First attempt at portraits | Criticism welcome

Discussion in 'Street, Documentary, and Portrait' started by Mathom33, Jul 29, 2013.

  1. Mathom33

    Mathom33 Mu-43 Regular

    Apr 4, 2013
    Last week I was in Syracuse visiting my wife's family. Her cousin, her husband, and their infant were nice enough to let me take a few pictures.

    Criticism (constructive and negative) is welcome.

    Shot with a GX1/14-42 PX lens/ most should have been at f3.5 at ISO 160.

    4y9apape.jpg su8ynuzy.jpg epe7e2u5.jpg a4ugequ5.jpg aqa5a9er.jpg 8eheravy.jpg

    Sent from my iPhone using Tapatalk 2

    BAXTING Mu-43 Top Veteran

    Aug 5, 2012
    Los Angeles SFV, CA
    Gotta love those BW/Sepia shots. Looking good. Looks like you need a faster shutter speed for the dancing baby :biggrin:

    Thanks for sharing
  3. kevinparis

    kevinparis Cantankerous Scotsman Subscribing Member

    Feb 12, 2010
    Gent, Belgium
    my initial thoughts

    1) get lower

    2) get closer

    3) Get faces/eye contact

  4. stratokaster

    stratokaster Mu-43 All-Pro Subscribing Member

    Jan 4, 2011
    Kyiv, Ukraine
    The most important thing in a portrait is facial expression. Of those shots, only two have attractive facial expressions: the one with grandmother's hand and the last one. The last one would be much better if the viewer actually could see the faces of happy parents.

    On the very first photo, the mother's eyes are closed and the baby look like he (she?) is yawning.

    The pic with a sleepy baby looks like he (she?) is sick. Also, is the dog photobombing? :)

    The second picture is just not sharp.

    All color pictures could benefit from some color grading (the skintones look wrong).
  5. Neftun

    Neftun Mu-43 Veteran

    Jul 15, 2012
    Patrick Kristiansen
    I like the first one, the composition works, and sepia looks good in it. The rest are more like snapshots than portraits.

    A portrait is more than a shot of one or more faces. A portrait is supposed to show a character, a part of a person, not just how they look. Consider what you choose to keep in the image. Omitting things from the background with shallow DOF is the easy way to do this, and you can focus on expression and such. If you don't use shallow DOF, you need to be very conscious about background. I'm no pro in this, but there is good advice above as well:)
  6. Christilou

    Christilou Mu-43 Top Veteran

    Feb 25, 2010
    Camberley, Surrey
    To me, they need to be much more tightly framed. Most lack a clear focal point. Number 4 seems to be the most on track :). I like the sepia tones too. You're using natural light and so I would try to get the best angle to make the most of it. I'm no expert either but these are the things that jump out to me. You could crop the last one quite severely, perhaps lift the shadows a little and it could look a lot better :)
  7. Ulfric M Douglas

    Ulfric M Douglas Mu-43 Hall of Famer

    Mar 6, 2010
    I like Number 4 with the baby staring at the finger.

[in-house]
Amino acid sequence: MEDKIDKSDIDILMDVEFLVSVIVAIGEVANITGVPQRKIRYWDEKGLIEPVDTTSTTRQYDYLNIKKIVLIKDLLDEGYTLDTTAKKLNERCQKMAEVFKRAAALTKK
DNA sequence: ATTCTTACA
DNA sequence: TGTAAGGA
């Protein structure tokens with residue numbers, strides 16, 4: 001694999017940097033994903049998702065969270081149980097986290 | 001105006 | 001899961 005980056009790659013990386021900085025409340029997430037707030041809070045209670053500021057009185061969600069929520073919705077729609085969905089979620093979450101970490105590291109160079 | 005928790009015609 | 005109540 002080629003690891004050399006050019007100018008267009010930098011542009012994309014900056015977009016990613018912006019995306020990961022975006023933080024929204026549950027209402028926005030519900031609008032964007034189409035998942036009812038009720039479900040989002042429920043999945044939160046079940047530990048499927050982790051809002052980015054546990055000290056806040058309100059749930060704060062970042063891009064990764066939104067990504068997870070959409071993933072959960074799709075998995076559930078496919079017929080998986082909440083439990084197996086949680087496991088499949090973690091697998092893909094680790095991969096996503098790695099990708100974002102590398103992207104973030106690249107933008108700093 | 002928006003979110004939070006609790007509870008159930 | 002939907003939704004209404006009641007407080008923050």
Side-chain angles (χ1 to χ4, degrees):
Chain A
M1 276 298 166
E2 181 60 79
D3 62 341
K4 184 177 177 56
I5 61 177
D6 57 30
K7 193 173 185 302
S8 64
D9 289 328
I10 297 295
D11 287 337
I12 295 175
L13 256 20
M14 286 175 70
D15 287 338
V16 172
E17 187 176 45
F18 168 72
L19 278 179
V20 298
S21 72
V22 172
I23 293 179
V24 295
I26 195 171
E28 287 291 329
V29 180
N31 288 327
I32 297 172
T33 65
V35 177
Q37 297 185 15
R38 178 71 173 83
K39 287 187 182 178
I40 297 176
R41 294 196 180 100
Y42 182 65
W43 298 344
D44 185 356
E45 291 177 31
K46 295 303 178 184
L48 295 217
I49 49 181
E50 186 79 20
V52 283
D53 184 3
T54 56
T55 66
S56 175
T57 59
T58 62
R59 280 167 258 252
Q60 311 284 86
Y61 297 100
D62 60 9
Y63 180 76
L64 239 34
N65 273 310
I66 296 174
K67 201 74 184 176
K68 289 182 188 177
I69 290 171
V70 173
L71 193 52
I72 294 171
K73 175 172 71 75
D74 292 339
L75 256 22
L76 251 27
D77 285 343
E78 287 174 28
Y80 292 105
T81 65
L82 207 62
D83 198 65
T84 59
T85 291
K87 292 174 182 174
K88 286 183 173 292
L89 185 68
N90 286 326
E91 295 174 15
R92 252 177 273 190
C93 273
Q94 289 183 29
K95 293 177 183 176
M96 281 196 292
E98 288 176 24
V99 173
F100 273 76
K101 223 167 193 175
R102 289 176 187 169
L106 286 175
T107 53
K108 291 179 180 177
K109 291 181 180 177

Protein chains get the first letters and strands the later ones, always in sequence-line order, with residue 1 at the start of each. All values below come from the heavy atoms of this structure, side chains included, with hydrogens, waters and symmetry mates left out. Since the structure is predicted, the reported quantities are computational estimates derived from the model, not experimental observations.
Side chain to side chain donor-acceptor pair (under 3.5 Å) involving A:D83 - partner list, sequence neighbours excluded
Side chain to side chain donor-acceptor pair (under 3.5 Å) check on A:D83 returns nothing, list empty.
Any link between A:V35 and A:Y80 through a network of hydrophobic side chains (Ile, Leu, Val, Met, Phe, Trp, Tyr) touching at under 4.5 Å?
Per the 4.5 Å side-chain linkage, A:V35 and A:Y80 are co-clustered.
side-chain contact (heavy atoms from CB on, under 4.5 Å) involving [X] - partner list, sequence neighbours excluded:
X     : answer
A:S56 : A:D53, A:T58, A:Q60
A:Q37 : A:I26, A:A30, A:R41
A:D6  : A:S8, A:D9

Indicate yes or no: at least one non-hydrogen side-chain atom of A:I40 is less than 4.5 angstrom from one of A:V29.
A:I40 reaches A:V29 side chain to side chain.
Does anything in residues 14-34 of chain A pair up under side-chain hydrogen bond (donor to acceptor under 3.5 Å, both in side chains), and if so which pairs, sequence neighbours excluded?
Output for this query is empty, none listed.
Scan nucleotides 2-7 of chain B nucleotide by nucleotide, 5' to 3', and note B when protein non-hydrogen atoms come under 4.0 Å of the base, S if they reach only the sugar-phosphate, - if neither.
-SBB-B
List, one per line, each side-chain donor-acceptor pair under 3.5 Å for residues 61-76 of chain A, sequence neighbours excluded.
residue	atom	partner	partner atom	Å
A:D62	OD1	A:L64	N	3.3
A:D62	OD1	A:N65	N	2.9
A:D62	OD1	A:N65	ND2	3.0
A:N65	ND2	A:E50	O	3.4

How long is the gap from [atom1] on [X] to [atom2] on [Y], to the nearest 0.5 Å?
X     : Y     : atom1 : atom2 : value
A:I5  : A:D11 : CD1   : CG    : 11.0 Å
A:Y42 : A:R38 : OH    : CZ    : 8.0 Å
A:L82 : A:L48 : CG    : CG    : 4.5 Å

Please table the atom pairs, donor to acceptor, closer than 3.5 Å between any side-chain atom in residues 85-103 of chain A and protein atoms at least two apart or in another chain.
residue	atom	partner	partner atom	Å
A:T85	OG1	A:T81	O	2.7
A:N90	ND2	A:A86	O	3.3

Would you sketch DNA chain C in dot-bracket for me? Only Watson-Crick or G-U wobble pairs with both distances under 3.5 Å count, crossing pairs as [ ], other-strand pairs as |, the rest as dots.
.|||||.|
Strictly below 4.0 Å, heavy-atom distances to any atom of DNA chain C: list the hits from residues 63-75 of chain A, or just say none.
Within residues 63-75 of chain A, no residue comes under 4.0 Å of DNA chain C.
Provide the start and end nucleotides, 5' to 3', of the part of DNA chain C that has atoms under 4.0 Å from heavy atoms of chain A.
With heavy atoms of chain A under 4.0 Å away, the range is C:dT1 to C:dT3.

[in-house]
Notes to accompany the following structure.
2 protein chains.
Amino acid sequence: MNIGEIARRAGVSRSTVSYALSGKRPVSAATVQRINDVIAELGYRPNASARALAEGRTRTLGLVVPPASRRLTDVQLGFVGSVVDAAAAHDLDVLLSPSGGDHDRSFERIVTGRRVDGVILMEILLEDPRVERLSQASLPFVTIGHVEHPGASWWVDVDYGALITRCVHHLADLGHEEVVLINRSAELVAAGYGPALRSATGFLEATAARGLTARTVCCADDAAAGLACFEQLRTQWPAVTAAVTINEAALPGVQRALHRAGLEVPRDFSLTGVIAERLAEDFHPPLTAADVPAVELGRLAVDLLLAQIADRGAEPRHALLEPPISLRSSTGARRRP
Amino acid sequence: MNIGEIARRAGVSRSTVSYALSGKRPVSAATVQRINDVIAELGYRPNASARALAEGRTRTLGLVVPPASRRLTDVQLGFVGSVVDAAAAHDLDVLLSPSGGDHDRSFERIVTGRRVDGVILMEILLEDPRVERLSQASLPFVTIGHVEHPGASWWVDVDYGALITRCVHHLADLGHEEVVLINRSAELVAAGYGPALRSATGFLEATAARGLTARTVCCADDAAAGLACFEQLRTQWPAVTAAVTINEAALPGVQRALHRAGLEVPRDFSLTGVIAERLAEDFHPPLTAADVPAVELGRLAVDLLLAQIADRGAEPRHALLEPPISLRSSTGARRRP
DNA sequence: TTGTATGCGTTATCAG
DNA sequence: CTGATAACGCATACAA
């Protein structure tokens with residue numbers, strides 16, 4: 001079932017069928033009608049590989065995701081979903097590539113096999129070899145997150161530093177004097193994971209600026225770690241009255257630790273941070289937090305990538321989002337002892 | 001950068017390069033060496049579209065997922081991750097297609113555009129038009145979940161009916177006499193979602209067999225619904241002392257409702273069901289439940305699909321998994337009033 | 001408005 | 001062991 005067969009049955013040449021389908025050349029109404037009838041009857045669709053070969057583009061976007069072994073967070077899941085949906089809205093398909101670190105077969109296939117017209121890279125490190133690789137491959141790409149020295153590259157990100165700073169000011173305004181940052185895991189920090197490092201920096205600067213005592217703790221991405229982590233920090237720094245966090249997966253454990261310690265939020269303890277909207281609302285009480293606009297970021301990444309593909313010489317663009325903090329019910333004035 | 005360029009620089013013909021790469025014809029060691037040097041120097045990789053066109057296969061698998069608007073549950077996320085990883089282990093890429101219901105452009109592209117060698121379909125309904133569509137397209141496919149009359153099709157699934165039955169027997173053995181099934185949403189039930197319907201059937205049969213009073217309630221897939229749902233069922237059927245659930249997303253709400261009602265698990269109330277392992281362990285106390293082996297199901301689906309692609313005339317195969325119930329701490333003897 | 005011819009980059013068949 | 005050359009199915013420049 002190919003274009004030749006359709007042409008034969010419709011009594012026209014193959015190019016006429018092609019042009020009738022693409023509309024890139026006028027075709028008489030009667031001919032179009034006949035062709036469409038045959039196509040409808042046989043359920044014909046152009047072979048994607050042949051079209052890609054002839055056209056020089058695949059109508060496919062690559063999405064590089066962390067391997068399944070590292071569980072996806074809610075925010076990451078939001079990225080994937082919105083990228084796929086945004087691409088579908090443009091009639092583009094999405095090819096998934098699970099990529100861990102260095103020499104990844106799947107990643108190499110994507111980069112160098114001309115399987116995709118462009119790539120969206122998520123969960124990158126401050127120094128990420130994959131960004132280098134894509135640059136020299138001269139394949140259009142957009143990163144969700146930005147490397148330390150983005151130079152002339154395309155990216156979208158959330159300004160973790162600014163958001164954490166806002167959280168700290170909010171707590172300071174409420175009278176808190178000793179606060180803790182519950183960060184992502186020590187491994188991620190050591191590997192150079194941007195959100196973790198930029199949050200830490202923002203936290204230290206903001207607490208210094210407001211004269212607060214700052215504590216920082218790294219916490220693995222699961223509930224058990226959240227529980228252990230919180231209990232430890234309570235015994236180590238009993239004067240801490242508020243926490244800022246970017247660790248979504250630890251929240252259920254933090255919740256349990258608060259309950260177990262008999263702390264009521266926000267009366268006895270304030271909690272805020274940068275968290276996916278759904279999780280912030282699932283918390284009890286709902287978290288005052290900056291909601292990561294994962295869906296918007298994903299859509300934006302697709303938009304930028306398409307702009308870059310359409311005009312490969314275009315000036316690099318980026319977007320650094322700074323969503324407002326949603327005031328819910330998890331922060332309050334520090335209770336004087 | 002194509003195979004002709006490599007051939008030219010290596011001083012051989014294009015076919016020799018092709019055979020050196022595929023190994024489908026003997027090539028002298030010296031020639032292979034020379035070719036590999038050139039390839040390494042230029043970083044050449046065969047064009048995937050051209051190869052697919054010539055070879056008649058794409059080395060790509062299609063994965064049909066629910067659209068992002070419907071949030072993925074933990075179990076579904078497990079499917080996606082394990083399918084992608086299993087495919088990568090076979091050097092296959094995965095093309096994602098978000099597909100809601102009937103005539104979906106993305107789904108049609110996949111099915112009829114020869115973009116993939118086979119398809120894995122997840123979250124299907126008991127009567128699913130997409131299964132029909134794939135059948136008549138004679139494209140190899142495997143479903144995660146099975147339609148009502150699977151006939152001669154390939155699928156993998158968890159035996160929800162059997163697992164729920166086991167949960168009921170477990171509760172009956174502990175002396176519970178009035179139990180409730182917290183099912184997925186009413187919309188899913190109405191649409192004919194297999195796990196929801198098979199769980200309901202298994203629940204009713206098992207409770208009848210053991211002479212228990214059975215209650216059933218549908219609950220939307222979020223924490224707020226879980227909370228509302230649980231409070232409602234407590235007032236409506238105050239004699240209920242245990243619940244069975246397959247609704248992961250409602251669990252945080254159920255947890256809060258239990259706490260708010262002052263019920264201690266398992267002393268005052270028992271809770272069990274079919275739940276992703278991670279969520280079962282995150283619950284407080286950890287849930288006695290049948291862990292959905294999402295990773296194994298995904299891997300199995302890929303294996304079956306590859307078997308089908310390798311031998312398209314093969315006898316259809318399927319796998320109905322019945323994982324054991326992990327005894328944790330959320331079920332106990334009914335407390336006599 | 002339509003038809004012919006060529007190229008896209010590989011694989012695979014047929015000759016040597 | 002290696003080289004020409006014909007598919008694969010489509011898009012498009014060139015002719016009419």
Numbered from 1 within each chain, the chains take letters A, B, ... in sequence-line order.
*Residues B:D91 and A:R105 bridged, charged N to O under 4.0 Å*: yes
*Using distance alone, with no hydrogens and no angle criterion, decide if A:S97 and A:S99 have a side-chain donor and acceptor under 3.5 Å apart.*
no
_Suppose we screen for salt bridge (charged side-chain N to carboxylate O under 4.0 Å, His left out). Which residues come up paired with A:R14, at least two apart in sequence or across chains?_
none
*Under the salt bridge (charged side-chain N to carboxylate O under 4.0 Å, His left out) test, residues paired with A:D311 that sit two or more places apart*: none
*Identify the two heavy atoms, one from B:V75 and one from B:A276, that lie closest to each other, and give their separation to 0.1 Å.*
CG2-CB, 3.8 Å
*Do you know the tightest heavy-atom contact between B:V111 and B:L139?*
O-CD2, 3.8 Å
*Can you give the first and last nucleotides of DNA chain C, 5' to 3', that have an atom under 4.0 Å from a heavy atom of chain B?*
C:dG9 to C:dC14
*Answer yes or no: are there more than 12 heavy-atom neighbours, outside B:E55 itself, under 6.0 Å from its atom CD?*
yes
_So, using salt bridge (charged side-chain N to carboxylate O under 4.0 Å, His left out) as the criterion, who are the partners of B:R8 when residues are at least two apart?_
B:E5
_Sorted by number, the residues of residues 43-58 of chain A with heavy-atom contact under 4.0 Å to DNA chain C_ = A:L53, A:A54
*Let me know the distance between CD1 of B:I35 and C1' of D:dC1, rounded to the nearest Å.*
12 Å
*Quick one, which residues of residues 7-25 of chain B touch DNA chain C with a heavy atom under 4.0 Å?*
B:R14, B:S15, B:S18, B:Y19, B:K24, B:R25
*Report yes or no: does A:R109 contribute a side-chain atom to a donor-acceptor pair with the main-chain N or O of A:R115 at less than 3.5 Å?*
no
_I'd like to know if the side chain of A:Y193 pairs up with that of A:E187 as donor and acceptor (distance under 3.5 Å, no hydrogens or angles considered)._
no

Decent expression, good subject, sharp enough, skin colour is nice, doesn't have a blue thing in its ear.
  8. Mathom33

    Mathom33 Mu-43 Regular

    Apr 4, 2013
    Thanks for the input! I was having a hard time getting any photos. It was late in the afternoon and their child (which is deaf and has a rare disease) was starting to cry. They were trying as hard as they could to keep him from crying so I was not able to take too many with all of their faces.

    One thing I did notice when processing the photos was that not all of them were as clear or as sharp as I wanted them to be. I'm not sure if this is due in part to the face detection being on or due to a slow shutter speed. Other photos I took were better when looking at facial expression, but for some reason there was something out if place or someone's arm sticking out awkwardly.

    And my dog was sort if photo bombing, but they loved it because it was his first dog he had come in contact with. I have more where my wife is holding my dog and my mother in law is holding the baby.

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  9. Talanis

    Talanis Mu-43 Top Veteran

    Oct 15, 2012
    Sherbrooke, Canada
    Eric Cote
    One tip to add to what have been said. Be careful with your background, especially behind the heads. Sometime, just moving a few feet to the side will get you a smoother background with less distraction. For example, the mother and baby sitting on the grass, if you had move to your right a bit, you would have get rid of the metal fence behind the baby's head.

    Sent from my Nexus 7 using Mu-43 mobile app
  10. Mathom33

    Mathom33 Mu-43 Regular

    Apr 4, 2013
    She really wanted a picture with the purple flowers that you see on the bottom left in that photo. I really didn't want to take that shot because of the fence and the distraction it seems to have. There are only a few with the fence and I cropped it out of all the photos I took.

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  11. Ulfric M Douglas

    Ulfric M Douglas Mu-43 Hall of Famer

    Mar 6, 2010
    Do it another time or the next morning? A happy baby is a photogenic baby! :smile:

    Poor aperture and performance/blurring of the 14-42X lens. Use a better lens. Harsh? Buy an original Lumix 14-45 if you want a cheap kit zoom. If you want pocketability use one of the rather good primes. 14,17,20mm. All good. :thumbup:

    Use burst mode, take hundreds of pictures : you'll get some real gems if the dog is flapping around. That is a really photogenic dog face there. If it wasn't obscured by a baby ... :biggrin: